Romeo and Juliet
Few stories are as ubiquitous as "Romeo and Juliet.: Shakespeare’s tragedy of doomed, teen romance never ceases to inspire playwrights - from "West Side Story" to "2 Households, 2_____/ Shakespeare’s R & J," a two man performance, that is said to be a reasonably faithful (if truncated) version of the 1591 text, now at the Soho Playhouse in Manhattan’s South Village.
But as Marvin Gaye advised Tammi Terrell, "ain’t nothing like the real thing, baby."
Done straightforwardly, which is how this riveting production from Happy Medium presents it, the drama whirls by, out of your hands, even though you might like to stop it before everything goes so terribly wrong for all the characters.
Funny, sexy, suspenseful, violent, a cautionary tale about the costs of taking revenge, the Bard’s tale could be snatched from today’s headlines. It’s like a skeletal hand reaching out from its Elizabethan past delivering a warning.
HMT’s "Romeo and Juliet" continues through Aug. 25 at the Plaza Theatre in the Boston Center for the Arts. Scenic designer Brian Prywes gives the small stage an impressive stone-like backdrop with arches for actors to move through that has a nicely medieval feel that works well both for the city scenes and later the scene in the catacomb. Light and darkness are aptly conveyed by lighting designer Daniel Chevez for this play whose language makes considerable use of such imagery where, for instance, Juliet, like the sun, is "brighter than a torch, a jewel sparkling in the night" and she in turn describes Romeo as "day in night."
Guest director for this fringe company, notable actress Paula Plum (who recently has directed plays to acclaim as well), is at the helm of this intellectually and emotionally satisfying production.
She has a grip on the story’s flow with its myriad twists and turns.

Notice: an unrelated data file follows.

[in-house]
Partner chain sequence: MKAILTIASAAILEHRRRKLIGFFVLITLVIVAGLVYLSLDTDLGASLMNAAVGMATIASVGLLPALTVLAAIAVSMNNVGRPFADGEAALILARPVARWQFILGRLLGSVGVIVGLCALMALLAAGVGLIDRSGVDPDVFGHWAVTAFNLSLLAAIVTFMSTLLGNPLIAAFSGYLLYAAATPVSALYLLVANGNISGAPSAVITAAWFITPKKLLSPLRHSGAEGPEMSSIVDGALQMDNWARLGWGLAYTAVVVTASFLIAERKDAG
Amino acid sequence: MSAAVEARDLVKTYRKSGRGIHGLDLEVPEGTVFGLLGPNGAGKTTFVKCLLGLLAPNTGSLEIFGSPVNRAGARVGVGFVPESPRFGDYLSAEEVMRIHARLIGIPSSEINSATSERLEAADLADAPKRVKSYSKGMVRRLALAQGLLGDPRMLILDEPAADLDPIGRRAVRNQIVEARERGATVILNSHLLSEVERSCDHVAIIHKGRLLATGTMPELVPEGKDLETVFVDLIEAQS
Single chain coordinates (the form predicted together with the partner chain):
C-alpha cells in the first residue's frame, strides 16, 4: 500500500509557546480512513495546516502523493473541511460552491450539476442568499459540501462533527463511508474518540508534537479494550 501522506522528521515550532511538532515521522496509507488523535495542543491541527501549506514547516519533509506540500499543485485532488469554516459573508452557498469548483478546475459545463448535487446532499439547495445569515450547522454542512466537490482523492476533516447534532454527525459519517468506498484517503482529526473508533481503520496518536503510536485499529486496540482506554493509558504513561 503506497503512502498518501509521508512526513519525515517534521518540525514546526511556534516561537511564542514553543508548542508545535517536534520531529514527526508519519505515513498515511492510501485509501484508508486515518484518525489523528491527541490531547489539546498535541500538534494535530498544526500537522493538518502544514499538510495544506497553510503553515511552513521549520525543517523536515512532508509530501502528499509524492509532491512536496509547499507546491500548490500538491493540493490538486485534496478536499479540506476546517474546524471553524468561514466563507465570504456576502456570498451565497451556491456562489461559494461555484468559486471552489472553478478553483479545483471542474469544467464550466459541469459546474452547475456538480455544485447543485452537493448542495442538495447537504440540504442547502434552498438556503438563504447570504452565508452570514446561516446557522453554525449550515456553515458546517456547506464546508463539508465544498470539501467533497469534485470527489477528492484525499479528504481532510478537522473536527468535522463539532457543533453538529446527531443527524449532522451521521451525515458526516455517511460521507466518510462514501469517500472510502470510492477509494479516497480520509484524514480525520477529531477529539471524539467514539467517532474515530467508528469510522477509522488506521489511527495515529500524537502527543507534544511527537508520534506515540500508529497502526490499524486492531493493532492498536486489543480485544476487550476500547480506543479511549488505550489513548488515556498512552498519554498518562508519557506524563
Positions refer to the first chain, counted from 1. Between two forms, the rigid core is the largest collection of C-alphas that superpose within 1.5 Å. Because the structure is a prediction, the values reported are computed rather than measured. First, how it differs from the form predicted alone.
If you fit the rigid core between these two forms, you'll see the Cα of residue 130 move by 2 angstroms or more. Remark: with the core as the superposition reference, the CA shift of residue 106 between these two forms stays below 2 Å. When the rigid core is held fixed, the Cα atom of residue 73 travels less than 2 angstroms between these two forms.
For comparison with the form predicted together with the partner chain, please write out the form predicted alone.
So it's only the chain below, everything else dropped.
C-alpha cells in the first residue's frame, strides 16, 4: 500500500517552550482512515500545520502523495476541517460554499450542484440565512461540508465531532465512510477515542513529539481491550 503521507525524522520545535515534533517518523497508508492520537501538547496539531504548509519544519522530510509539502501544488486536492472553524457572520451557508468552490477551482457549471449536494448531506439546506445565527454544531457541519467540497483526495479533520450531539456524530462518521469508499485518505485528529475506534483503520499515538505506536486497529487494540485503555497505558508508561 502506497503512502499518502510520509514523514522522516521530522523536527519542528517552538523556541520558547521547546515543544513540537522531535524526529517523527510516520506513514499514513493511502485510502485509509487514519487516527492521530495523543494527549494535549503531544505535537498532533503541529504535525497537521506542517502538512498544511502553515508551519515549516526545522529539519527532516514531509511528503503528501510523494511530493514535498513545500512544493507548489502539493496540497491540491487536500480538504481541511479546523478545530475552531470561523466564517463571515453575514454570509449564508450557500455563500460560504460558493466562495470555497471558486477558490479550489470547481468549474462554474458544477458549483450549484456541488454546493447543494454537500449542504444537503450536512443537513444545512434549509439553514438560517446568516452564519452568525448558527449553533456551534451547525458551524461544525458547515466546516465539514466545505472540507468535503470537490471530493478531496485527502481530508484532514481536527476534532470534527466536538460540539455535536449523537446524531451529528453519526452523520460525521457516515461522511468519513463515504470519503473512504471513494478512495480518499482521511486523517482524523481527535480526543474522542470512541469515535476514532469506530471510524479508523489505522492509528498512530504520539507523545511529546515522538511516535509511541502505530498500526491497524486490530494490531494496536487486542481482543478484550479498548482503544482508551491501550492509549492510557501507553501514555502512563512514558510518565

She smoothly handles the transition of mood when mid play there’s a switcheroo where Shakespeare swerves from vaudevillian bawdy comedy to nail biting personal tragedy. Importantly, there is the change from the down-to-earth, one-of-the-gang Romeo, as she has directed him to be up to now, who then becomes more fluent in his language, more introspective, more severed from his emotional attachment to the city he loves.
Plum trips up in one respect - puzzling so - with the scene where the Nurse, Lady Capulet, and even Lord Capulet are cooking a feast for the new (hastily arranged) marriage ceremony date between Paris and Juliet which comes off stylistically as Julia Child in a TV episode gone amuck: "fetch more spices...come stir, stir, stir..."
The bulky Johnnie L. McQuarley’s linebacker physique makes him an unusual choice physically for Romeo who is more wiry in the popular imagination probably because of a lineage of actors in modern times from Maurice Evans, who was often cast as the slender limbed poet in movies, or the lean teen Leonard Whiting in Franco Zeffirelli’s Old Vic production in 1960 made into an award winning film of "Romeo and Juliet," and most especially to the lithe Leonardo DiCaprio in the lush 1996 Baz Luhrmann MTV inspired version.
The new and different look for Romeo offered by McQuarley makes you prick up your ears and watch a little more carefully to discover what depths this big fellow contains.